One reason, I bring NY up so much is that it went through a lot of this stuff and has managed to have a thriving city. And, no NY is not losing all it's families with kids. I would agree that Manhattan has sort of had that problem but 1) It never was a primary area for families largely do to expense. 2) I am pretty sure that it is actually attracting more people with kids - rich people and also some middle class or upper middle class people who find the city so great for thier kids that they are making huge sacrifices to to be there.

The outer boroughs are sort of a different story. Hello! check the facts NY is undergoing a huge shortage of schools for all the kids there are. I think that about 70% are non white but a huge chunk are imigrants who are flocking into NY. Many of these are the children of highly skilled and successful imigrants. My old hood is filled with Asian families who are killing themselves to stay in NY. They love it and the schools are great there.

In fact what happened was that during NY's rough years in the 1970's and 1980's it lost a huge chunk of it's middle class families. So when the revival of NY came, schools were unprepared for the demand.

John Morris

This is a complex topic and I do want to make one point about NY. NY is at risk of losing middle class families. But, that is due to a drastic housing shortage. A lot of people are being priced out. There is a very high demand by people to live in NY now by all kinds of people. Lack of supply is the issue.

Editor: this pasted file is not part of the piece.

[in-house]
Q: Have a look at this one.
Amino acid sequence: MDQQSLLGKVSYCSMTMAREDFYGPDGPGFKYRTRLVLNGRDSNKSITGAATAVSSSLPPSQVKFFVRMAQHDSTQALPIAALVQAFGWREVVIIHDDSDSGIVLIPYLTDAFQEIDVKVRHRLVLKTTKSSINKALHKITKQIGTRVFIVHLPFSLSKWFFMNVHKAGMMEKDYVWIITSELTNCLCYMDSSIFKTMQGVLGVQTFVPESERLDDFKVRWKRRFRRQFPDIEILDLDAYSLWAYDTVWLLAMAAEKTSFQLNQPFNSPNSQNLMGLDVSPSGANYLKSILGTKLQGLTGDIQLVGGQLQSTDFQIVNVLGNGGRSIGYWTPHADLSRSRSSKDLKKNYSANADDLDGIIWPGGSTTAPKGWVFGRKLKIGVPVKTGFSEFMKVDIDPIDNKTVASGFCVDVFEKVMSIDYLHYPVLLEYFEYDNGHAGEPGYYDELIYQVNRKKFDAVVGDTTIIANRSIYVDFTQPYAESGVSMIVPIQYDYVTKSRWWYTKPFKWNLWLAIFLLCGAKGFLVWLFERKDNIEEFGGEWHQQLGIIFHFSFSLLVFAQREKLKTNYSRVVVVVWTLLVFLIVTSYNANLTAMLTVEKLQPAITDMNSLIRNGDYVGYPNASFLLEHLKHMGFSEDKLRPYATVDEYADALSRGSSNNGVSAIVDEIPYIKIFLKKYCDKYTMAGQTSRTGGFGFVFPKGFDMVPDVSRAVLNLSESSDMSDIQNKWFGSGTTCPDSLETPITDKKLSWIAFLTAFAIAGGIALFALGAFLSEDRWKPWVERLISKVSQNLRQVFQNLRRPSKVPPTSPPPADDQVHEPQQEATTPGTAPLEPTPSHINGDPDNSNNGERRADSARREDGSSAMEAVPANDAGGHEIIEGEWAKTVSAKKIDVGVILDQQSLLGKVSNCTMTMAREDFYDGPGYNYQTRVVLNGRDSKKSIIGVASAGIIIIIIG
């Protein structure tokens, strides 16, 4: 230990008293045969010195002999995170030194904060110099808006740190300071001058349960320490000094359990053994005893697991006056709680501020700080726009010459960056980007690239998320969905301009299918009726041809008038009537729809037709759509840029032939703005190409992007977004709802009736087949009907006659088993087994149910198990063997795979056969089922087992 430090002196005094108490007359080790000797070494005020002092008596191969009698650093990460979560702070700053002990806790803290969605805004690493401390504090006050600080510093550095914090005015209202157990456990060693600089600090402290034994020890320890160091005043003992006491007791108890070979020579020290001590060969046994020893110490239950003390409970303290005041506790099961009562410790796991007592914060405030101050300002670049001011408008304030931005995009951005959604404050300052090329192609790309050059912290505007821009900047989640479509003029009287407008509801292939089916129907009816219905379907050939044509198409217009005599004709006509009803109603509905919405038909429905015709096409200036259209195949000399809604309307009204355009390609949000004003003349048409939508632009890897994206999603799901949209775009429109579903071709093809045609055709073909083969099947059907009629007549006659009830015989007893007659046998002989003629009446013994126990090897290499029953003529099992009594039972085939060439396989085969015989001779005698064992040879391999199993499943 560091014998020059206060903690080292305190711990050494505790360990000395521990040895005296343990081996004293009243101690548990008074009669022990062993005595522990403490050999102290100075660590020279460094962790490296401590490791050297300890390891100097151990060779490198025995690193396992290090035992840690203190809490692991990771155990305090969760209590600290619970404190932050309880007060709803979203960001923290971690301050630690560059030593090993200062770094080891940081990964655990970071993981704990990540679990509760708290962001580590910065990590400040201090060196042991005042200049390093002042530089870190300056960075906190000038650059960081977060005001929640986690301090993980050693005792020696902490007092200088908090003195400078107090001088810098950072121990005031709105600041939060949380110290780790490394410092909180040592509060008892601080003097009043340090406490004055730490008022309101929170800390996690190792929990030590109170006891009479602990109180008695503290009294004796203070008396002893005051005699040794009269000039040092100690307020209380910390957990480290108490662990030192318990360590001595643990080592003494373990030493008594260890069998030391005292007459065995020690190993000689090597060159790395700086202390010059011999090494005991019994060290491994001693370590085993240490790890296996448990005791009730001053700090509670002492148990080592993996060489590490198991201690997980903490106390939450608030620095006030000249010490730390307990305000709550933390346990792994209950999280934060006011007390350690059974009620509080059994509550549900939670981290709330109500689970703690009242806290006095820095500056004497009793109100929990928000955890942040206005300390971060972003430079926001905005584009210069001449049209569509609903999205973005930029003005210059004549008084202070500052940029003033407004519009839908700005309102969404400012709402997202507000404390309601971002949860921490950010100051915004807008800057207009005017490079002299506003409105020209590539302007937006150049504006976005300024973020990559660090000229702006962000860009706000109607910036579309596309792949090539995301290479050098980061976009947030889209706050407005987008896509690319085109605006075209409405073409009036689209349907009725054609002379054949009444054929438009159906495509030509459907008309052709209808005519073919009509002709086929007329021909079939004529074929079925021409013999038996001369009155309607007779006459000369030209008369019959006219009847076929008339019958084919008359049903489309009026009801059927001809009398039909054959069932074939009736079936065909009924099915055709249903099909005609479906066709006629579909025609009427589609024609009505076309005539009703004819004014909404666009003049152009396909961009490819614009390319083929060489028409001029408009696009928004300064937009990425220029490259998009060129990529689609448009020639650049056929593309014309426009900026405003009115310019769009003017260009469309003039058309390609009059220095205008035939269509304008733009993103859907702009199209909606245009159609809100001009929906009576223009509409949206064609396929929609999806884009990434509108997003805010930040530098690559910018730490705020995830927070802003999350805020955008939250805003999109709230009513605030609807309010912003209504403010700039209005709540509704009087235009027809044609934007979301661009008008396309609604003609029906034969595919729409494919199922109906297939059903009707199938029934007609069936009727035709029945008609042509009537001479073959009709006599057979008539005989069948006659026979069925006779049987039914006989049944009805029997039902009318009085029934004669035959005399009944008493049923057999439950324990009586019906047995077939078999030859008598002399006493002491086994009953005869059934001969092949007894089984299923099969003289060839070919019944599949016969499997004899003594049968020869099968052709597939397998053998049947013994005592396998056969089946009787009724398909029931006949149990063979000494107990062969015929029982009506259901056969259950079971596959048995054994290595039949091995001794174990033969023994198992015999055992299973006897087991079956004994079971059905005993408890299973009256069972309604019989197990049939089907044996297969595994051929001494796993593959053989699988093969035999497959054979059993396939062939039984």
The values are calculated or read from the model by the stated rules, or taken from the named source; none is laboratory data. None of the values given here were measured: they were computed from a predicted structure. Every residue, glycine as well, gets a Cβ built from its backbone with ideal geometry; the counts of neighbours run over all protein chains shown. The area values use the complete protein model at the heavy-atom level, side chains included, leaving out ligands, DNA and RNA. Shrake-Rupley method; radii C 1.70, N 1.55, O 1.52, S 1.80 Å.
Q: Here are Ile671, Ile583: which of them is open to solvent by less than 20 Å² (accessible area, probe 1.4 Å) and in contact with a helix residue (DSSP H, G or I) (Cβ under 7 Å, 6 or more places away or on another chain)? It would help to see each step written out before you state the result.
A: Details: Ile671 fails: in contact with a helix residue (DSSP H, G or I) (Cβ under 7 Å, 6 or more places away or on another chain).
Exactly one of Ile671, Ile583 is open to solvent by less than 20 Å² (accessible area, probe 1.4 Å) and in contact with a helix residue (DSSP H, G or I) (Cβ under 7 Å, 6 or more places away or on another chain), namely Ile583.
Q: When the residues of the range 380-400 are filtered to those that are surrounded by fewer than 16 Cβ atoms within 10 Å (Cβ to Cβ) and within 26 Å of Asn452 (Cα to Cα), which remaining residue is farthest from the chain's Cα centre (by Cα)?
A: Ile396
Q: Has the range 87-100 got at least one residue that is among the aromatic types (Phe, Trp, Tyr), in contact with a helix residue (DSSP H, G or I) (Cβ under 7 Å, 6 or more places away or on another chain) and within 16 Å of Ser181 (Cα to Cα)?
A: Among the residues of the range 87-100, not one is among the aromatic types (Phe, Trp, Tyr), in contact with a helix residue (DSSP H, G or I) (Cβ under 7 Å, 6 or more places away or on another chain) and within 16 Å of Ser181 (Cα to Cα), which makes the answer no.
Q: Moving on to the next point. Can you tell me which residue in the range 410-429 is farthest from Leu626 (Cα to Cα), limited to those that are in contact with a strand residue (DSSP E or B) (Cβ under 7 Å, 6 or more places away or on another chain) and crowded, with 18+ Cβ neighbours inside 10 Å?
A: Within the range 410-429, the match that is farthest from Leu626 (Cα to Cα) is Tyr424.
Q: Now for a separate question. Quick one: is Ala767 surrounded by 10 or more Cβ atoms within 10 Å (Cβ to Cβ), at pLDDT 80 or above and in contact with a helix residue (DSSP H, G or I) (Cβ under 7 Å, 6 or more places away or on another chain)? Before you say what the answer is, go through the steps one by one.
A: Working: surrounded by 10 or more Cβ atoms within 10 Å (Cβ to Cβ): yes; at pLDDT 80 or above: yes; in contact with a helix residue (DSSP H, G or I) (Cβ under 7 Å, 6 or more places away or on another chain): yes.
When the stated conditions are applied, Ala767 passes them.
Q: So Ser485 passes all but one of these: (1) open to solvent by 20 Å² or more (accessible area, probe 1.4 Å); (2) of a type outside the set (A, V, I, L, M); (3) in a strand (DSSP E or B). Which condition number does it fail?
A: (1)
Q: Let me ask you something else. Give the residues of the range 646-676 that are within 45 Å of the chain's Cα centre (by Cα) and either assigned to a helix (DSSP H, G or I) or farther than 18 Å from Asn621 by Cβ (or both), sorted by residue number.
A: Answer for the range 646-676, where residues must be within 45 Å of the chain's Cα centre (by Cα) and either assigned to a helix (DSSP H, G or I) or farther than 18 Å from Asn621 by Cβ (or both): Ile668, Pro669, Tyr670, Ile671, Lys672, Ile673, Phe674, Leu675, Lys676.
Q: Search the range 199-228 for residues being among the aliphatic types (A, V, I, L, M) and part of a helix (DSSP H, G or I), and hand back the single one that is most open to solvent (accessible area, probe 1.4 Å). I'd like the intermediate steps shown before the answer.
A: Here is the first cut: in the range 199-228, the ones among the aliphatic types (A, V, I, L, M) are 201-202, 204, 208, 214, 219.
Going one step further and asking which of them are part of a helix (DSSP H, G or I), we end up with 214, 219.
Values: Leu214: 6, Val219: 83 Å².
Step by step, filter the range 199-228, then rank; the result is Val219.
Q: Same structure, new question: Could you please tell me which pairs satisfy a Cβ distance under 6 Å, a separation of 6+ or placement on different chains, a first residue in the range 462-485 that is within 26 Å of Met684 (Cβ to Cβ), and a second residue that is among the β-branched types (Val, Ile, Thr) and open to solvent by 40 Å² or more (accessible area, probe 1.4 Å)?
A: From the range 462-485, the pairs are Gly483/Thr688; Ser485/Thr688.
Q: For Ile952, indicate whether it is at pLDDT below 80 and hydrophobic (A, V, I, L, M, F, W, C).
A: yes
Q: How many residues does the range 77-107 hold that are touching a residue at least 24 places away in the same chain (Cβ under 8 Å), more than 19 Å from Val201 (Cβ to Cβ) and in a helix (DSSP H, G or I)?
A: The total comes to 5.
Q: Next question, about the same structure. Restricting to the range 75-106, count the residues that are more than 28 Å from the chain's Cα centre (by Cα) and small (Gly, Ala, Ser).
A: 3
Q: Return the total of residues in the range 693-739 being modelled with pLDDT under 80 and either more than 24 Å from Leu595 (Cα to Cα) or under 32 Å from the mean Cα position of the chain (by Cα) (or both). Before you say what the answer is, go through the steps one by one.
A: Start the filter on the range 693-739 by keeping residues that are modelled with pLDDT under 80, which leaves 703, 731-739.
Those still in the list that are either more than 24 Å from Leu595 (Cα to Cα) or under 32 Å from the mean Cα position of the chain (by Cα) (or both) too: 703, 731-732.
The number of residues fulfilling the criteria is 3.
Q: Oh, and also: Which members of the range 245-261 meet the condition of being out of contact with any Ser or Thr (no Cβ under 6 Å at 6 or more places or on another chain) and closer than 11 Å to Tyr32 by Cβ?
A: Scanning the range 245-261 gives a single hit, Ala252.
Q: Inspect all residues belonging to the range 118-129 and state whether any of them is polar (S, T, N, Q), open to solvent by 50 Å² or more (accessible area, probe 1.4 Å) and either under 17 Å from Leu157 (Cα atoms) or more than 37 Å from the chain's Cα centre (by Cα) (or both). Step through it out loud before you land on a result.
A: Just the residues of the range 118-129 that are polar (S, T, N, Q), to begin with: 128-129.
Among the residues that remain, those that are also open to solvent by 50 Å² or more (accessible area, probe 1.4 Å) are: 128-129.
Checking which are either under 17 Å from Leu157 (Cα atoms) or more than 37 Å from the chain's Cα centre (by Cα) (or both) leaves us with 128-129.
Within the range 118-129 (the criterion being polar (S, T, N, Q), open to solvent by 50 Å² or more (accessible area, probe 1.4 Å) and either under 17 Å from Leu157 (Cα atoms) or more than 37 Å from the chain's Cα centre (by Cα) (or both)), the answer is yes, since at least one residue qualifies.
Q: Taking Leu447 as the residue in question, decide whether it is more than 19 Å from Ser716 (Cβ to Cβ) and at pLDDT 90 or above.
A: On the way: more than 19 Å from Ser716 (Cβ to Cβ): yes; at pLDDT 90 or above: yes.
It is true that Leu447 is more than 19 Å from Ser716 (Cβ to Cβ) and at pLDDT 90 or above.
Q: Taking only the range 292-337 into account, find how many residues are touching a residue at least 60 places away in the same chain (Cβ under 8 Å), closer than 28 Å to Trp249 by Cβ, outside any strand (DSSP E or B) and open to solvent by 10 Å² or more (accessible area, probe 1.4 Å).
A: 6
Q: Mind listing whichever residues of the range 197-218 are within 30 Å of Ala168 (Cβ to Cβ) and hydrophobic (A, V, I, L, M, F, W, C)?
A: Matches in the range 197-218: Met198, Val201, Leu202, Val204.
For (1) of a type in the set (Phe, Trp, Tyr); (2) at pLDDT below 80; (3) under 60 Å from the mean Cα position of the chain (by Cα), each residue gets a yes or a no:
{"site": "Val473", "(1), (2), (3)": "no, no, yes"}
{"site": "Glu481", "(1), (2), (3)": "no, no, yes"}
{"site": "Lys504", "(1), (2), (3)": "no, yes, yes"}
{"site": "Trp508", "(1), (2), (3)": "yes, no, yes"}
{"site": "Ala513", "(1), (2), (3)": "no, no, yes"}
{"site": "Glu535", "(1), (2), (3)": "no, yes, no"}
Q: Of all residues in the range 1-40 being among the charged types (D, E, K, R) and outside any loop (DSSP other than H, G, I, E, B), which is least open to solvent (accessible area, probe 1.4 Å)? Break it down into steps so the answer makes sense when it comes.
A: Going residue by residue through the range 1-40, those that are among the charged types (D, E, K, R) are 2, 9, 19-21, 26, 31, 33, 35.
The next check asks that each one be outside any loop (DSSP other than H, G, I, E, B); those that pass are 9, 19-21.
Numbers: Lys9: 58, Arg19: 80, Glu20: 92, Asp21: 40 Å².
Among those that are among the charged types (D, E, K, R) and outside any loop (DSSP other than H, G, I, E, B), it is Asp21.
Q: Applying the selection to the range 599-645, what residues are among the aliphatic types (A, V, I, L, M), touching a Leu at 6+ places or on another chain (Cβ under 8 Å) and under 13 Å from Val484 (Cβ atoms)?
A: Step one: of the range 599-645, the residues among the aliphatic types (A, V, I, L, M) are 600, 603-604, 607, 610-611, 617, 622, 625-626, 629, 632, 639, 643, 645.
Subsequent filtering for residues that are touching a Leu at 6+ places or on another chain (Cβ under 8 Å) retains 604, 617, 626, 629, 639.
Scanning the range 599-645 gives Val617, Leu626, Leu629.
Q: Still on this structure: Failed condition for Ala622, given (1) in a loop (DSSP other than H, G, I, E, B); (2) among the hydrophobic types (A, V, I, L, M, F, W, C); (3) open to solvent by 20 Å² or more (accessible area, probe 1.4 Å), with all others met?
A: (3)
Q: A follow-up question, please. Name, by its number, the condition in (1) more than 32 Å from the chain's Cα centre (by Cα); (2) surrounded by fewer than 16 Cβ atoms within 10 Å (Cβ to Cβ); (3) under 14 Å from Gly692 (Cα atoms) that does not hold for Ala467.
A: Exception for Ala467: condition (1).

sean mcdaniel

JM: no matter how you look at it the outer boroughs are manhattans suburbs...because 50-70 years ago you could find families in manhattan...of all income levels...but as the city declined from the 1950s through 1970s, those families fled to the outer boroughs and beyond... the artists and musicians and actors moved into the places where families once lived because landlords had places to rent. as the city turned around...more affluent singles and childless couples moved in and real estate boomed from the early 1990s on (friend as a place on 16th street, near the west village. she tried to sell it 1989 and got an offer of $93,000...$12,000 less than she paid...today, she could sell the same space for $850,000.

so to solve the city suburb problem maybe pittsburgh should incorporate all of allegheny county and the choice parts of butler and washington counties. i mean you do know that brooklyn was a separate city at one time, right?

John Morris

That would likely help a bit in some ways, but the most likely result is to create a city like LA. Which is not really a city but sort of an endless sprawl with a few centers trying to pretend it's a city.